A marine arthropod from the Silurian Period?  What this means is that C. celebra lived in warm, shallow seas in Wisconsin much more recently than 541 mya.  Seashells in the same time period?  The Wisconsin fossil shells depicted in the following plates are from the Silurian and Ordovician Periods.

The images of these plates are reproduced with the kind permission of the Wisconsin Geological and Natural History Survey and are taken from the Common Paleozoic Fossils of Wisconsin, written by Ross H. Nehm and Bryan E. Bemis, Wisconsin Geological and Natural History Survey, Educational Series 45 (2002).  They appear on pages 16 and 17 of that publication.

To sum up the Wisconsin and seas connection, I turn to the “Geologic History of Wisconsin” page, part of Milwaukee Public Museum’s extensive and informative online exhibit titled The Virtual Silurian Reef which does it nicely :
About 520 million years ago, during the late part of the Cambrian Period, a shallow inland sea spread across much of Wisconsin. . . .
An inland sea persisted across eastern and southern Wisconsin during the following Ordovician and Silurian Periods. . . .
During the Devonian Period, the inland sea retreated to southeastern Wisconsin, and by the end of the Devonian, it was gone.  For the following 360 million years, Wisconsin was a land area that did not accumulate any permanent sedimentary deposits.
I was taken with the idea of reefs in Wisconsin during the Silurian (my distractions often have their own distractions).  Turns out that these reefs that sliced across the southeastern side of the state during this period are quite fascinating and the subject of much study.  According to geologist Donald G. Mikulic, “The Silurian reefs of the Milwaukee region were the first recognized fossil reefs in North America and among the first Paleozoic reefs described in the world.”  (The Reefs That Made Milwaukee Famous, Geoscience Wisconsin, Volume 18, 2001, p. 7.)  This isn’t new information.  Actually, it was in 1862 that geologist James Hall first put forward in print the hypothesis that the limestone hills and ridges in the Milwaukee area were the remains of reefs.  As he examined the distribution of fossils in this Silurian limestone, he concluded that the only satisfactory explanation was that “[t]he entire mass appears like a coral reef, where the broken corals and shells are packed in a calcareous sand . . . .”  (Physical Geography and General Geology, Report of the Geological Survey of the State of Wisconsin, Volume 1, 1862, p. 63.)

Back to the original distraction.  Does it really make a difference that Steinbeck was wrong to assert that Wisconsin had no seas from before the Cambrian?  That he was off by perhaps 180 million years?  I guess the rational person would say, no, it doesn’t matter because, any way you slice it, the disappearance of seas from Wisconsin took place way back when.  Before the Cambrian or at the end of the Devonian, who cares?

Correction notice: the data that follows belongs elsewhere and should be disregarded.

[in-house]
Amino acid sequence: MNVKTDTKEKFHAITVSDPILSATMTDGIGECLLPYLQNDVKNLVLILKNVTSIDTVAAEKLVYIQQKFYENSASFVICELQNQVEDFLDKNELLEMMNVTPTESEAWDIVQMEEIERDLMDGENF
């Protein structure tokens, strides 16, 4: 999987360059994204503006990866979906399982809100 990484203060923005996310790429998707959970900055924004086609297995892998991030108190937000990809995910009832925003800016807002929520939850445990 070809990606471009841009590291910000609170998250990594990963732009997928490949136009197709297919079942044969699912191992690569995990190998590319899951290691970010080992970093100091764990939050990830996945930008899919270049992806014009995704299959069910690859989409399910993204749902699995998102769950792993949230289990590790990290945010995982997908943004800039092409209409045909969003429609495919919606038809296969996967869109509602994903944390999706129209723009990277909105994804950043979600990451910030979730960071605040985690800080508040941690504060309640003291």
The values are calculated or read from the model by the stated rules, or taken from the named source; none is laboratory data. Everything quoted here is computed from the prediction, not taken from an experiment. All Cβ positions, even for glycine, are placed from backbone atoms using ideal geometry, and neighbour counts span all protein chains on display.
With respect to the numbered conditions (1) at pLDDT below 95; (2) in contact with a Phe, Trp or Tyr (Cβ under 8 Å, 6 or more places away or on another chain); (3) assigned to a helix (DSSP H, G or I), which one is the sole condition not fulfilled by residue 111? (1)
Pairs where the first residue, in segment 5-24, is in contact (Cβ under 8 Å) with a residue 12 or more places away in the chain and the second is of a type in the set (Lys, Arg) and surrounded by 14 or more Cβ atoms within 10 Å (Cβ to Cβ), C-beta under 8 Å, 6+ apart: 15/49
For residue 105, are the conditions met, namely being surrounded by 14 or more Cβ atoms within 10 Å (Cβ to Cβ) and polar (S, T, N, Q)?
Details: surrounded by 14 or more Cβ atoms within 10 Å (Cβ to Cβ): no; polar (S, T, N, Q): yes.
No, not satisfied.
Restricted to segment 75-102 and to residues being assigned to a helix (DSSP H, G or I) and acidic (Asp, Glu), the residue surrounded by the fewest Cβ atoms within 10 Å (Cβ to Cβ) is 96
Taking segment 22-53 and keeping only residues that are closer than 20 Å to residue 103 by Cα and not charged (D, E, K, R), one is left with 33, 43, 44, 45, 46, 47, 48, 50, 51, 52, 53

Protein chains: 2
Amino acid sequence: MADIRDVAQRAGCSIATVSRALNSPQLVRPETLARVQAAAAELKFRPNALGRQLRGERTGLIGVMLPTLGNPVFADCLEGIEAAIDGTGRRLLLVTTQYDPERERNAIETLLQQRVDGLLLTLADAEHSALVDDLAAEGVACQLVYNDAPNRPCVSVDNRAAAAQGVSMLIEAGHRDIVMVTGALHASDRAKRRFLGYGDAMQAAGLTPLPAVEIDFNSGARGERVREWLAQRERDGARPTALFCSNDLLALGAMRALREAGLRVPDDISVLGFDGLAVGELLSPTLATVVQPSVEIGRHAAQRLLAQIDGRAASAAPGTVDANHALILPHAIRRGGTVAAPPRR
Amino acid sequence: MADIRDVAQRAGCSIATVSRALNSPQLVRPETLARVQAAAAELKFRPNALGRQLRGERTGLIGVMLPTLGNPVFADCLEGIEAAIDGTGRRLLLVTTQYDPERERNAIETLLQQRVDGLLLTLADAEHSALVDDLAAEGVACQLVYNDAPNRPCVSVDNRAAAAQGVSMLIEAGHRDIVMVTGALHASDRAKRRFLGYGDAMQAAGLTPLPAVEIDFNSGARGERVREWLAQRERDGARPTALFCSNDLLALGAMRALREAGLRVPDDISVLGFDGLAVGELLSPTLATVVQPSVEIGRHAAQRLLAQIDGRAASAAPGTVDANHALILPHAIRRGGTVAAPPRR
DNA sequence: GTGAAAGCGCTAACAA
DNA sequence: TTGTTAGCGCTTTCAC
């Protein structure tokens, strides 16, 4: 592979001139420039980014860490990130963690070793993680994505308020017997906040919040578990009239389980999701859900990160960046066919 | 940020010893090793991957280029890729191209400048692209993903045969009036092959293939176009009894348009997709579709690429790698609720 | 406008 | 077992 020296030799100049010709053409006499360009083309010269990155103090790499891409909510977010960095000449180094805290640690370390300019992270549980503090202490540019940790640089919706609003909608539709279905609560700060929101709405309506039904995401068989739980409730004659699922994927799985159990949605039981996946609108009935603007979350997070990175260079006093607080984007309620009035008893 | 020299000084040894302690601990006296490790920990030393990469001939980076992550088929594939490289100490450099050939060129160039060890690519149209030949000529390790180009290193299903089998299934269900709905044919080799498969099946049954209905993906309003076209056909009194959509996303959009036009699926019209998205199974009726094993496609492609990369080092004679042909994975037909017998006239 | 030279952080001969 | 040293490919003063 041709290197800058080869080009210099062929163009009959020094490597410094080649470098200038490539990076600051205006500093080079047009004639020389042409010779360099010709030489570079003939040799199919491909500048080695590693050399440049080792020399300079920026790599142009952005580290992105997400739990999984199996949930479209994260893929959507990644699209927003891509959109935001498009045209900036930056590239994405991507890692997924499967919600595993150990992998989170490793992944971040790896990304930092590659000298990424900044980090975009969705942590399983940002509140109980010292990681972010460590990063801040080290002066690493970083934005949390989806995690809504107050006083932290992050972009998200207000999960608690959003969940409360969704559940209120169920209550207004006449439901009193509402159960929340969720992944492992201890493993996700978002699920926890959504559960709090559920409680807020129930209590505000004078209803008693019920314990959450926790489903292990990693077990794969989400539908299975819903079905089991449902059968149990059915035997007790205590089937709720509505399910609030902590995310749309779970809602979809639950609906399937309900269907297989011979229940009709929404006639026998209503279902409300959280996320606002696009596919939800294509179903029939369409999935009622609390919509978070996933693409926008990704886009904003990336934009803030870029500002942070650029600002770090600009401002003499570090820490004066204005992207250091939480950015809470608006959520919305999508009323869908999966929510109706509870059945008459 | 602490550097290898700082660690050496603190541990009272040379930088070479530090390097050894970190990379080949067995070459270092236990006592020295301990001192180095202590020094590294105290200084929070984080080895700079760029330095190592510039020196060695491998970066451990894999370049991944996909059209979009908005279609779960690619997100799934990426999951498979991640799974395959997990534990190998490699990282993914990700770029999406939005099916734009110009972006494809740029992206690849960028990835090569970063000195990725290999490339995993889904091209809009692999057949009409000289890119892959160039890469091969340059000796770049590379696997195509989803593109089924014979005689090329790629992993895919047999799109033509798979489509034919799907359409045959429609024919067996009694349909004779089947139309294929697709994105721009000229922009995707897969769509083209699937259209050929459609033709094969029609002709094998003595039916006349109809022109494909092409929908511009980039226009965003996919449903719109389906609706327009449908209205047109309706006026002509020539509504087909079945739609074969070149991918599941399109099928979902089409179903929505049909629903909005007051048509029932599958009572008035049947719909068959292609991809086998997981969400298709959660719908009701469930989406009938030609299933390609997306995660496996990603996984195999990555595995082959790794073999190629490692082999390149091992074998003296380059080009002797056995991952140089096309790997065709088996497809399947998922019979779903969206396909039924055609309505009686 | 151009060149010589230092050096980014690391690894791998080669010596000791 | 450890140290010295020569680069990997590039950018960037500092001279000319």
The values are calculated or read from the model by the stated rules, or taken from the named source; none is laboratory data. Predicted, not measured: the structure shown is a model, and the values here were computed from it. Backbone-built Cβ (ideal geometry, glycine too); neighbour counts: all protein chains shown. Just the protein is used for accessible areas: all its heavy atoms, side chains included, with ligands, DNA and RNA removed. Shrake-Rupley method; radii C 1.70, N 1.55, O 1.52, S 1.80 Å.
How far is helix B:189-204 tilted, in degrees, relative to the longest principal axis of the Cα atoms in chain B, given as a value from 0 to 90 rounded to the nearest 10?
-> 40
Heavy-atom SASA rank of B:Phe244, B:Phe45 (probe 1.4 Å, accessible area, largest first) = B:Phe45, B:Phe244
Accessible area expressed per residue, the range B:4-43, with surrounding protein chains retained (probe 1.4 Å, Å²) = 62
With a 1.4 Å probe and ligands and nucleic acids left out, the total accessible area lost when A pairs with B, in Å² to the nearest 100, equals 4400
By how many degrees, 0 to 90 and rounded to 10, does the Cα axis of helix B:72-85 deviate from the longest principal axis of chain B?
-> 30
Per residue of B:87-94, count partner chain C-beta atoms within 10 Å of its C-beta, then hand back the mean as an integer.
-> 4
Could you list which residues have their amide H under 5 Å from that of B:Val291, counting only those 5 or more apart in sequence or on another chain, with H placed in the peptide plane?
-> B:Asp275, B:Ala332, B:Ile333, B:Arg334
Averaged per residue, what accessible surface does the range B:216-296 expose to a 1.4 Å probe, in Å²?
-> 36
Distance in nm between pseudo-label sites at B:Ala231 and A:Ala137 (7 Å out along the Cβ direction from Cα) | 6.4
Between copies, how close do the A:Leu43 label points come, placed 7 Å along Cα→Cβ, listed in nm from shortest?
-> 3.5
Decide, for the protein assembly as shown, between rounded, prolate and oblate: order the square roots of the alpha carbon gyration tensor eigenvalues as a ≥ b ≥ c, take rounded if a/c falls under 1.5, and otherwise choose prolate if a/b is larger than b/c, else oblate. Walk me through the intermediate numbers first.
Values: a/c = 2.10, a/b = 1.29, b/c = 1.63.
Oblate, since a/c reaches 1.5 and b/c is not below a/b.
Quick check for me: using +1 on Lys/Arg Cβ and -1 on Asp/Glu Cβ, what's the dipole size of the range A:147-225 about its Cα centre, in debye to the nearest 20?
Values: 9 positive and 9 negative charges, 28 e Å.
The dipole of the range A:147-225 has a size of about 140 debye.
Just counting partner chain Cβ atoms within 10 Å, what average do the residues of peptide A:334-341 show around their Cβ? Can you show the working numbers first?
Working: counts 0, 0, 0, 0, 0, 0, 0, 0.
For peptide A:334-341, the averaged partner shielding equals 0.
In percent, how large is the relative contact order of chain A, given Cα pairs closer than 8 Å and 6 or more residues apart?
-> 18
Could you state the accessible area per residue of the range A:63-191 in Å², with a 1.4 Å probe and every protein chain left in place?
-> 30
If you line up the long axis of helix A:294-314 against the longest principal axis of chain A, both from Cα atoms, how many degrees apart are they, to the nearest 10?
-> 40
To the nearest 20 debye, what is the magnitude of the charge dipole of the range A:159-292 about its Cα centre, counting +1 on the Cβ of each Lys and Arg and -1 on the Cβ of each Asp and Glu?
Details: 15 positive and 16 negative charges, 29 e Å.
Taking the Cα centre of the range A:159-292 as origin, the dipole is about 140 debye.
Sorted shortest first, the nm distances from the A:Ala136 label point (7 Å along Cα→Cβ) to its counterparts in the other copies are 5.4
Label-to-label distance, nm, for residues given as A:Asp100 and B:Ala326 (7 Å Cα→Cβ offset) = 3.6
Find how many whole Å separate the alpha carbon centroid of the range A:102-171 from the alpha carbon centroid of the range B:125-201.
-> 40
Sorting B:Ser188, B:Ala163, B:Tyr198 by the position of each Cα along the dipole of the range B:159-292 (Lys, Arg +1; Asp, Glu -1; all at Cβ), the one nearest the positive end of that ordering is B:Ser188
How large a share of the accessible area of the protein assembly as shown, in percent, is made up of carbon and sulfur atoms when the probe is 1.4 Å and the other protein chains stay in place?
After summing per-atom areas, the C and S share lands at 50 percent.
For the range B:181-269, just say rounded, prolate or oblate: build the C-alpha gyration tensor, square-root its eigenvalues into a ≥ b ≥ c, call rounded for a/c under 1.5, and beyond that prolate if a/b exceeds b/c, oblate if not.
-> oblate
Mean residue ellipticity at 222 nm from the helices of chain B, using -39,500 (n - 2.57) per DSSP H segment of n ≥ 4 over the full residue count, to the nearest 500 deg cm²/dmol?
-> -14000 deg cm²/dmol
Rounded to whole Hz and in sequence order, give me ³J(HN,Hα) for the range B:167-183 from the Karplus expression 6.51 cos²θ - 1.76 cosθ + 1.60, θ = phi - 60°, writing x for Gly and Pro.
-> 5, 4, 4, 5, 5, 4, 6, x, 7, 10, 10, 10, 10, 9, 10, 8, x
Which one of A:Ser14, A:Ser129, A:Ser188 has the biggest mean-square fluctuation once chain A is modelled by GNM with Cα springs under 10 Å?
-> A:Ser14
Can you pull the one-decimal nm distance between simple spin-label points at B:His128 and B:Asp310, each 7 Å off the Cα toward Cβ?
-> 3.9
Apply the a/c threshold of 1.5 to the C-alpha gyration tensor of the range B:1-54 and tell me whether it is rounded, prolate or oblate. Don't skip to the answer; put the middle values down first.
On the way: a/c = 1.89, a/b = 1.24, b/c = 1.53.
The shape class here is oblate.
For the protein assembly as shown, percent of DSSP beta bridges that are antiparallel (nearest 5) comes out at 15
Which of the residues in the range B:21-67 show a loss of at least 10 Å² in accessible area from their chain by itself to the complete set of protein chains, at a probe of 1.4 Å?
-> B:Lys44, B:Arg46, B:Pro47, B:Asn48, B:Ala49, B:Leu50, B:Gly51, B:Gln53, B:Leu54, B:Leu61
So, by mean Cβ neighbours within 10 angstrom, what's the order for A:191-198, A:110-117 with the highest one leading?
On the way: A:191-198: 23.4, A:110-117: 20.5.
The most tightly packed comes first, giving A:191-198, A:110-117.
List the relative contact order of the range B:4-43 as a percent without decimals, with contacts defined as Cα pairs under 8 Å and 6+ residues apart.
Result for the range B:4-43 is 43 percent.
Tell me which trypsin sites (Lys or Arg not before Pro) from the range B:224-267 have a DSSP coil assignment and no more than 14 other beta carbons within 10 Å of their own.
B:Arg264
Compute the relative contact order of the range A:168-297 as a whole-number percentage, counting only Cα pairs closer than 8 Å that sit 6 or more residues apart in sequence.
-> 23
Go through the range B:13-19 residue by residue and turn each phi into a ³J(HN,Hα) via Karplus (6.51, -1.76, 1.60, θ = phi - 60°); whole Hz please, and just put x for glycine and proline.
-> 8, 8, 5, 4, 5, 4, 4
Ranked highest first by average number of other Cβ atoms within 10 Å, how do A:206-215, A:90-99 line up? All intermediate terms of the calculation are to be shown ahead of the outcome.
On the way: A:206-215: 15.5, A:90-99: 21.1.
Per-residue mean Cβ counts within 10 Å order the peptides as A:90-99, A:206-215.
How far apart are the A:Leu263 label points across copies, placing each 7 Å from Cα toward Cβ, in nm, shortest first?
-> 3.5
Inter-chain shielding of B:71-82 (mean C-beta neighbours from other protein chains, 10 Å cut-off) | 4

Well, though I know it’s anal and an overreaction, I care.  These kinds of facts matter to me.  Maybe Steinbeck knew when the seas actually receded from Wisconsin (this knowledge was out there when he wrote Travels), but I suspect he found the phrase “pre-Cambrian times” to be a more creative and eloquent way to say “a long time ago.”  If that’s the case, then I’m greatly disappointed (and would only be a bit less disappointed if he were actually just uninformed or being sloppy).  I don’t think geological facts like this are to be manipulated as one might massage, or generate out of whole cloth, some conversations or parts of an itinerary because they better serve a narrative arc.

So, in the end, rereading Travels was a mixed bag:  I found some aspects of the book that I enjoyed, and some things that truly bothered me, such as my inability to recreate my warm, teenage feelings for it, the uncomfortable sadness and bitterness that course through the account, and, yes, that geological transgression.

Steinbeck’s take on America is laced with disenchantment springing, not just from what he found about the contemporary state of America, but, also from where he was in his life.  In his quest to rediscover America, to re-energize his muse, and to recover the young man he once was, I think he forgot Buckaroo Banzai’s admonition:  Remember.  No matter where you go, there you are.